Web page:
Enhancing Athleticism with Kettlebell Training

Marlon Byrd, Cincinnatti Reds. ESPN

There is a growing trend among high-level athletes from various sports who are taking a liking to kettlebell training and responding favorably in the carry-over benefits from the time in the gym with kettlebells and their performance on the field of play.

It can be difficult to pin down what exercises exactly result in improved play. In other words, can it be proven that a squat or a swing or a deadlift specifically makes an athlete run faster or jump higher or increase lateral quickness?

Not necessarily, however one things that is clear is that the focus on  movement patterns that kettlebells improve are more important than the individual muscles being exercised.

When we look at the types of movement skills involved in athletics, we can see some common factors:

On your feet

While there are some sports like rowing, swimming, cycling and Brazilian jiu-jitsu, and events such as gymnastic rings and pole vaulting that do not involve standing on 2 feet, in most athletic endeavors the player is on her feet. Every play takes place with the athletes on their feet in sports such as football, baseball, softball, soccer, boxing, volleyball, hockey, cricket, netball, rugby, Olympic weightlifting, track and field, and the list goes on. 

The ability to move well on one’s feet is a fundamental quality that carries over into virtually every possible athletic endeavor. To be better on your feet is one sure way to be a better athlete.

Whether that means speed, quickness, range of motion, coordination, balance or a blend of all of them together, the goal is to move better and bring that better movement into the skills of the game.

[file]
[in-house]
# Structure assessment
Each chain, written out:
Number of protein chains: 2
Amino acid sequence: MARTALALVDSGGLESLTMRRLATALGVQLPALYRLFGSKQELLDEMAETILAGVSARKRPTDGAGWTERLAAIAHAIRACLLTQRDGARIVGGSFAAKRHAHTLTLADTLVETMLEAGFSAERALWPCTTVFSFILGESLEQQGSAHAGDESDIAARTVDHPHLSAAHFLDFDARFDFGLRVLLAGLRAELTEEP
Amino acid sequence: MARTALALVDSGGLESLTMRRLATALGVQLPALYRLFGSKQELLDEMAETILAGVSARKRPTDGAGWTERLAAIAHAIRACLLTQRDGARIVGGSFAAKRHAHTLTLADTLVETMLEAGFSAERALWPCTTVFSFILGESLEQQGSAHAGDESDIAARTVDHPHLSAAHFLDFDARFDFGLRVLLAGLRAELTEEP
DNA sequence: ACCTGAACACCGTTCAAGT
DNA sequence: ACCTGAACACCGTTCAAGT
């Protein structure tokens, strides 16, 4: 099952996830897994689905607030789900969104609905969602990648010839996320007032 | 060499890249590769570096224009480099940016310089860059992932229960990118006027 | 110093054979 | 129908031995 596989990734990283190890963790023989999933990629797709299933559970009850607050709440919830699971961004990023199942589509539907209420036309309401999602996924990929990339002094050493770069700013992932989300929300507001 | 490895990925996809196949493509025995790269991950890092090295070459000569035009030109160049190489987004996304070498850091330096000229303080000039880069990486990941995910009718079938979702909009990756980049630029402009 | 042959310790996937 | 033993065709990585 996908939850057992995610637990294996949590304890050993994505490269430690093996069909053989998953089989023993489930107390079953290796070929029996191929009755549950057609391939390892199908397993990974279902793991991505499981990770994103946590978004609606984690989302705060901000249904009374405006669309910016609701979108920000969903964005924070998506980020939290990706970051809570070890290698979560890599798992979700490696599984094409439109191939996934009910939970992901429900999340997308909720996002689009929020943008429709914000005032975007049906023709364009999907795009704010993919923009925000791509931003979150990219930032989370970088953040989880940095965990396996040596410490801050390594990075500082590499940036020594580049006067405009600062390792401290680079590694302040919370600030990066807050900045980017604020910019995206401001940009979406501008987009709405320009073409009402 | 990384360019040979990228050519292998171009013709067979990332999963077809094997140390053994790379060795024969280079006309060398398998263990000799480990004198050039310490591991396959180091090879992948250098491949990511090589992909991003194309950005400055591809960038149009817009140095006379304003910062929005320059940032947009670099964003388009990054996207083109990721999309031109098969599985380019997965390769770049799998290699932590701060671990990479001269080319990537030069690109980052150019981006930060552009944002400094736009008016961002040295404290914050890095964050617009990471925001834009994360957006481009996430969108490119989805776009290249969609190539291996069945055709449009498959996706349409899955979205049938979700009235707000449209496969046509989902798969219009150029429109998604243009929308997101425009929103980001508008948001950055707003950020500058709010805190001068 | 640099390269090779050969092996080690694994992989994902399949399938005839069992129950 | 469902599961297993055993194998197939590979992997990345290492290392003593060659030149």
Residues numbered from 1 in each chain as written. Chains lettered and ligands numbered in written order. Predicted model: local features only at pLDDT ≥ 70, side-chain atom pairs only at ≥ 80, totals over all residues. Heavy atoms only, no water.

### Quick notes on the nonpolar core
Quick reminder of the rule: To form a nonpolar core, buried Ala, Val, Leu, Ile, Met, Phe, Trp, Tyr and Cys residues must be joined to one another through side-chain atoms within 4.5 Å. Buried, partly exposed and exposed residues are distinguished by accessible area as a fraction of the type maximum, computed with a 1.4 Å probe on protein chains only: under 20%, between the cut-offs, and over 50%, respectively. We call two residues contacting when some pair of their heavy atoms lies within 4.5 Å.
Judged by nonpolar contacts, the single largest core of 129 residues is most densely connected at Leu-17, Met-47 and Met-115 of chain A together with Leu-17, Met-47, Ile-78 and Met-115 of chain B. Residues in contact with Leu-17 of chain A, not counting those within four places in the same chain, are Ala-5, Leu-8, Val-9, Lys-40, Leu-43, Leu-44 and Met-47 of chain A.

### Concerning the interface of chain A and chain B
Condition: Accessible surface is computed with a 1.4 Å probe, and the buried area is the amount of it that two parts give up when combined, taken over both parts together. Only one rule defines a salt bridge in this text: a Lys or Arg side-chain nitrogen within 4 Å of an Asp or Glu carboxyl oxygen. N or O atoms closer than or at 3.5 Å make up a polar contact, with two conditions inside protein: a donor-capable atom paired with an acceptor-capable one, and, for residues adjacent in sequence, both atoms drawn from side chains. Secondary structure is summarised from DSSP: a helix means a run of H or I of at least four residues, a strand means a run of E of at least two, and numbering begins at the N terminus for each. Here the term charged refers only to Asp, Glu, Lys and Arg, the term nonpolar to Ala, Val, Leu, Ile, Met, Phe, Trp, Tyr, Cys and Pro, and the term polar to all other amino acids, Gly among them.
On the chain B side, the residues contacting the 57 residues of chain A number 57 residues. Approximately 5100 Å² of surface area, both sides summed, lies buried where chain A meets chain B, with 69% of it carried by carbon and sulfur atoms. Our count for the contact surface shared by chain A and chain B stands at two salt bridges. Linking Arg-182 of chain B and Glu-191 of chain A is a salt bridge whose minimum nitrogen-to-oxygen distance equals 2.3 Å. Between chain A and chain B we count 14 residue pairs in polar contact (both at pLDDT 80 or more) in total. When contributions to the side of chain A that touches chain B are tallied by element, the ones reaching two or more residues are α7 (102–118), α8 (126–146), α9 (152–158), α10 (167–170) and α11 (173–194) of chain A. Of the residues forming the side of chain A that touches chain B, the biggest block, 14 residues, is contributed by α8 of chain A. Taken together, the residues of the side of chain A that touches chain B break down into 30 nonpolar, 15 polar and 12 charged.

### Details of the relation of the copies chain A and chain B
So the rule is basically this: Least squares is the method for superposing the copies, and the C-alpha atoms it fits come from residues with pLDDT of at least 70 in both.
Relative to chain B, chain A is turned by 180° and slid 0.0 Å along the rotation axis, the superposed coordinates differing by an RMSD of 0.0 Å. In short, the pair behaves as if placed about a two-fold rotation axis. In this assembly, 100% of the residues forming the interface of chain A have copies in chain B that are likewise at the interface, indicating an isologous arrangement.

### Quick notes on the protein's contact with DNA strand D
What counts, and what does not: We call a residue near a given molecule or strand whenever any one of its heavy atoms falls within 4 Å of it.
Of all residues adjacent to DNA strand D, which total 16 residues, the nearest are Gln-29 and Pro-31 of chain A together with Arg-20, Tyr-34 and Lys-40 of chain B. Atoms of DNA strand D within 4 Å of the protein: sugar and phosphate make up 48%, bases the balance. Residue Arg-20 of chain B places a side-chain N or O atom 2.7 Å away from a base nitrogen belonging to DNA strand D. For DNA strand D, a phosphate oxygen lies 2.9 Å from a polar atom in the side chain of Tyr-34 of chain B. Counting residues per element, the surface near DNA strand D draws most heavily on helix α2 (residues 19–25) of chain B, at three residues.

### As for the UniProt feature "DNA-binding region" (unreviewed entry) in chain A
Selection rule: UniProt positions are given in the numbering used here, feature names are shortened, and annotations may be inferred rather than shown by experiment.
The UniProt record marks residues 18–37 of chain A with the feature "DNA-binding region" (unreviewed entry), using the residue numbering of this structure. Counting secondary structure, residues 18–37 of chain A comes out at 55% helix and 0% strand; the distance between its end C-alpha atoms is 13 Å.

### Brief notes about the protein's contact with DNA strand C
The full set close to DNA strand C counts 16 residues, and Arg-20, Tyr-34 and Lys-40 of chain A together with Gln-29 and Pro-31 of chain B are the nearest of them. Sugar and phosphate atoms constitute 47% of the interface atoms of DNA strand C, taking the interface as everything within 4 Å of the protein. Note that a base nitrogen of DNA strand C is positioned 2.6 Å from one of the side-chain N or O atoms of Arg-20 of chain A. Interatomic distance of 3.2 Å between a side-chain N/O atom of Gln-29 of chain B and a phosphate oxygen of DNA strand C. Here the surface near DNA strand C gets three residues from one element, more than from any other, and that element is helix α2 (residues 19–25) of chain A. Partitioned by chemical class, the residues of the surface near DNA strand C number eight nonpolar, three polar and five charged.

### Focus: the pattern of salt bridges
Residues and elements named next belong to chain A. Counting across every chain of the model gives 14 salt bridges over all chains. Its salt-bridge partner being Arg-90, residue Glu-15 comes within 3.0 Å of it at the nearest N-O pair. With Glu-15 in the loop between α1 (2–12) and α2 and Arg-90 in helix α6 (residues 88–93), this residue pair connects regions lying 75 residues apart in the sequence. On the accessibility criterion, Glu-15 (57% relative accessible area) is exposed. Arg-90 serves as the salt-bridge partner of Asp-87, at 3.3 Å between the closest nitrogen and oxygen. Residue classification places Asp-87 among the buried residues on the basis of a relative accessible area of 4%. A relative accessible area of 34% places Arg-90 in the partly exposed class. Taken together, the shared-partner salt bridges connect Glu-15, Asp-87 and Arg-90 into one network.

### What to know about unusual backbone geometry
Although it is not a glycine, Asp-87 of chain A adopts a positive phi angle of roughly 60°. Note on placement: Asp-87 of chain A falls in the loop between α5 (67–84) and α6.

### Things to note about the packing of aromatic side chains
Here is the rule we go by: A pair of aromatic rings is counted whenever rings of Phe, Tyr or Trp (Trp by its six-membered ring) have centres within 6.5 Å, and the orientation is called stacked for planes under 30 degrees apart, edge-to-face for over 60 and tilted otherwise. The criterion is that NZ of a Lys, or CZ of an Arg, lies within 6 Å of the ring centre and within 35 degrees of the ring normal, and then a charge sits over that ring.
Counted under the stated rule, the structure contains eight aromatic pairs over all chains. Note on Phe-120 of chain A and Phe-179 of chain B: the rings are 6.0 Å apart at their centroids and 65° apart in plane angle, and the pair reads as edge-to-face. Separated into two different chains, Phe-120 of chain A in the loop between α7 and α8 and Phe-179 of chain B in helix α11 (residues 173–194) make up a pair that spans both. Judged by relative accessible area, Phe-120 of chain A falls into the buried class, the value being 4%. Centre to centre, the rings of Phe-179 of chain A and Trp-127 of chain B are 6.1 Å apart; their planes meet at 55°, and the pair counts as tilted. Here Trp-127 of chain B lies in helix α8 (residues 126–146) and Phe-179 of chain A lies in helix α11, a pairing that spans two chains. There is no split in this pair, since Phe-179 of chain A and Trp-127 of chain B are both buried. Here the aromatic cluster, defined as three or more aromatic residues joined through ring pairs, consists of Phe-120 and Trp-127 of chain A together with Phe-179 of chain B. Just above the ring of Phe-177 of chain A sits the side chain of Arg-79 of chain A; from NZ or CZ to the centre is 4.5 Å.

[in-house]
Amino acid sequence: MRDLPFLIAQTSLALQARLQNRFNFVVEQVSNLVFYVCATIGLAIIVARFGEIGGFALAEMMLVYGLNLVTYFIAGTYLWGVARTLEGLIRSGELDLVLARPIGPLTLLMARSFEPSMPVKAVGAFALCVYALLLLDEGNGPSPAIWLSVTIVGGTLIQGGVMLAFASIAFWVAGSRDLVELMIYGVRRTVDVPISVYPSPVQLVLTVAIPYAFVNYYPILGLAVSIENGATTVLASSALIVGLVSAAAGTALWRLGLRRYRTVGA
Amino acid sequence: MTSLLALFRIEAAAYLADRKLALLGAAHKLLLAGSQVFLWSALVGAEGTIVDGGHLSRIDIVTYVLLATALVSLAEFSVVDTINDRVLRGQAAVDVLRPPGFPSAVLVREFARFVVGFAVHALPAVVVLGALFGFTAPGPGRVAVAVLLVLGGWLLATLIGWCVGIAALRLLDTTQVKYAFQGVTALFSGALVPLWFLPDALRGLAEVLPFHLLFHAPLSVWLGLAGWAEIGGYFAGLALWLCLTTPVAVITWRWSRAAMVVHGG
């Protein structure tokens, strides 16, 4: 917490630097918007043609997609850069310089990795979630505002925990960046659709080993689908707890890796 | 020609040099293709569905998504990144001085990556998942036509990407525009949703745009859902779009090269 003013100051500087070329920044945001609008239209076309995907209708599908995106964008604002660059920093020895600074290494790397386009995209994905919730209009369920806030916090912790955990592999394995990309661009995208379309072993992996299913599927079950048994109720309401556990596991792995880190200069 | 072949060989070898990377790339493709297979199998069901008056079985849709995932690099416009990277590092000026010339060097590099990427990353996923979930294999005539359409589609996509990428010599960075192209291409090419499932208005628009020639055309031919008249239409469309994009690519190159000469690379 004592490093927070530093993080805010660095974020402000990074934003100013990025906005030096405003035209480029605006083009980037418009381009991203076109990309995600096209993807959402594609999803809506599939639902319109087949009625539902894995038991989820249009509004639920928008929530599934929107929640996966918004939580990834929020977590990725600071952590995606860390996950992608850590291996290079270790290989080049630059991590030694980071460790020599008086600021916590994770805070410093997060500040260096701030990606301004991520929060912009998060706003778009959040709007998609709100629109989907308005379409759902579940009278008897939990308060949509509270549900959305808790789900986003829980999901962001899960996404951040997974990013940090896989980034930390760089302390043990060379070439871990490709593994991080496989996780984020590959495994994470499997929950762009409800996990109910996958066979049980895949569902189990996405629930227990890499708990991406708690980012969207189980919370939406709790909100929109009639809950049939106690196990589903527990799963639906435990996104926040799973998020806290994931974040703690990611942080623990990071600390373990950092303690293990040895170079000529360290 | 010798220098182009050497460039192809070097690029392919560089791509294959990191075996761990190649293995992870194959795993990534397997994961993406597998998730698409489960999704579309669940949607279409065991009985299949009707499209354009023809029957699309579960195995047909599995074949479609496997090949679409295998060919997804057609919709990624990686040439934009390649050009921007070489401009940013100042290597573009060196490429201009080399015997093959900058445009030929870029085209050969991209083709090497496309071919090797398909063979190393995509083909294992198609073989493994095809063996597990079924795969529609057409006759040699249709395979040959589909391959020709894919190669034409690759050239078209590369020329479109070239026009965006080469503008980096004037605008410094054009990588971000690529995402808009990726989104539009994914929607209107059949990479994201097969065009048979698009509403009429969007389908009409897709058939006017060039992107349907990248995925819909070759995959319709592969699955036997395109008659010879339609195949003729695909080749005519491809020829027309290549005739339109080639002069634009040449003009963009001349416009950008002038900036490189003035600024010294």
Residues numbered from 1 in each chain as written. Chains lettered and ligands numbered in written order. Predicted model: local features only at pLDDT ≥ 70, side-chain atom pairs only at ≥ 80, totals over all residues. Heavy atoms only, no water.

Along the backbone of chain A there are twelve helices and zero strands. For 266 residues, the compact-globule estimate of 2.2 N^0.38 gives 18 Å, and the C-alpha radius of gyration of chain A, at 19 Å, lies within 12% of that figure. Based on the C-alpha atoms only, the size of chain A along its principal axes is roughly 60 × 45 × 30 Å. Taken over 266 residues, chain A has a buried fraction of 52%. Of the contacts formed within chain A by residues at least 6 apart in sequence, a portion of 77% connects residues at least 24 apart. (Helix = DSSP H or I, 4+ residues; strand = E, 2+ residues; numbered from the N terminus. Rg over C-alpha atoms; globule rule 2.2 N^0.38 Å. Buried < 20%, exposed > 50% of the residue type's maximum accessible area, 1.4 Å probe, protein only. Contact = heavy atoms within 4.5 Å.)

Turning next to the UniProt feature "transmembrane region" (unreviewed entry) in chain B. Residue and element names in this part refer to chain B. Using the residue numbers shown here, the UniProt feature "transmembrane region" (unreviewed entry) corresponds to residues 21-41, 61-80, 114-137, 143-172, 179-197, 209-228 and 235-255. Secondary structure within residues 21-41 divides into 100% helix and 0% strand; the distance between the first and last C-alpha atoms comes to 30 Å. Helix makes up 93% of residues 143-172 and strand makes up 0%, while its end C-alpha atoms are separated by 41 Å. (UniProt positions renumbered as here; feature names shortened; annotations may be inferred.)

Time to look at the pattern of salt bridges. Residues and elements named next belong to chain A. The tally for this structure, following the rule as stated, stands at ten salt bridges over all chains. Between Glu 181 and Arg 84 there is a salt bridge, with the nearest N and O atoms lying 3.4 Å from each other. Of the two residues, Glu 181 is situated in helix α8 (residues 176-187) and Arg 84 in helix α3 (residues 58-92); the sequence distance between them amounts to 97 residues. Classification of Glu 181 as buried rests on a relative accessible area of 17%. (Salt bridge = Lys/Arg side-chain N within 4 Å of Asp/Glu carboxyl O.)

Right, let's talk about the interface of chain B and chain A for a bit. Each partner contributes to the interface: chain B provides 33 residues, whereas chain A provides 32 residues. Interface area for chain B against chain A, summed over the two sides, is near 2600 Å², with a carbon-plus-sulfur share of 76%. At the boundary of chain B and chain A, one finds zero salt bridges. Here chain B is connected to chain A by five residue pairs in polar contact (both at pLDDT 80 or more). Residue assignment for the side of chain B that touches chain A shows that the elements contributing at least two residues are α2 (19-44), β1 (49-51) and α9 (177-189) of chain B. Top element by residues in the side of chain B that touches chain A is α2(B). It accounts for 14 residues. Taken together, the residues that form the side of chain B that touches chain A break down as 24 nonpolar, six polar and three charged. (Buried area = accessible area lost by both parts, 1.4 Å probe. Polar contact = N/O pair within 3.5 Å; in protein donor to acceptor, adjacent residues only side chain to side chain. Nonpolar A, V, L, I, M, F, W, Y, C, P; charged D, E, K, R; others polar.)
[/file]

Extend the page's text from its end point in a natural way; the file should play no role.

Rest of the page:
An athlete has to be balanced with the center of mass distributed over the base of support. The weight has to transfer at the correct time and that requires core control in order to maintain control of the hips and midline of the body.

The great thing about kettlebell training is that most of the exercises originate from a stance. You are stable on every rep, maintaining balance and core control, otherwise called posture—on every rep. An athlete will carry this postural control into other athletic movements, like fielding a position.


A key performance aspect of breathing is to maintain a balance between parasympathetic and sympathetic nervous systems. That is to say, to regulate the muscles, nerves, to keep a stable heart rate, all occurs through the regulation of breathing. The close attention to breathing in kettlebell training is necessary to perform high repetitions. Excessive tension, or bad breathing habits such as breath-holding will always restrict movement and therefore performance. To be great with kettlebells you have to master the breathing and this breath mastery carries over into every other physical performance. The breathing also has to do with the mental adaptation. Staying calm is an important advantage for all sportsmen.


Work Capacity

The deep conditioning to be able to sustain strength and energy over a long competitive season may be the most difficult task for a conditioning program for athletes. For example, a major league baseball athlete has a season that lasts 6 months or more. It requires a lot of endurance and stamina to stay sharp day in and day out over such a long season. The work capacity that kettlebell training develops offers a lot of carry-over into in-season conditioning. Furthermore, the mobility and flexibility benefits from training with kettlebells help to keep the athlete resilient and injury-free. 

The benefits of kettlebell training for improving athletic performance is changing the way athletes prepare for the rigors of the competitive season. 

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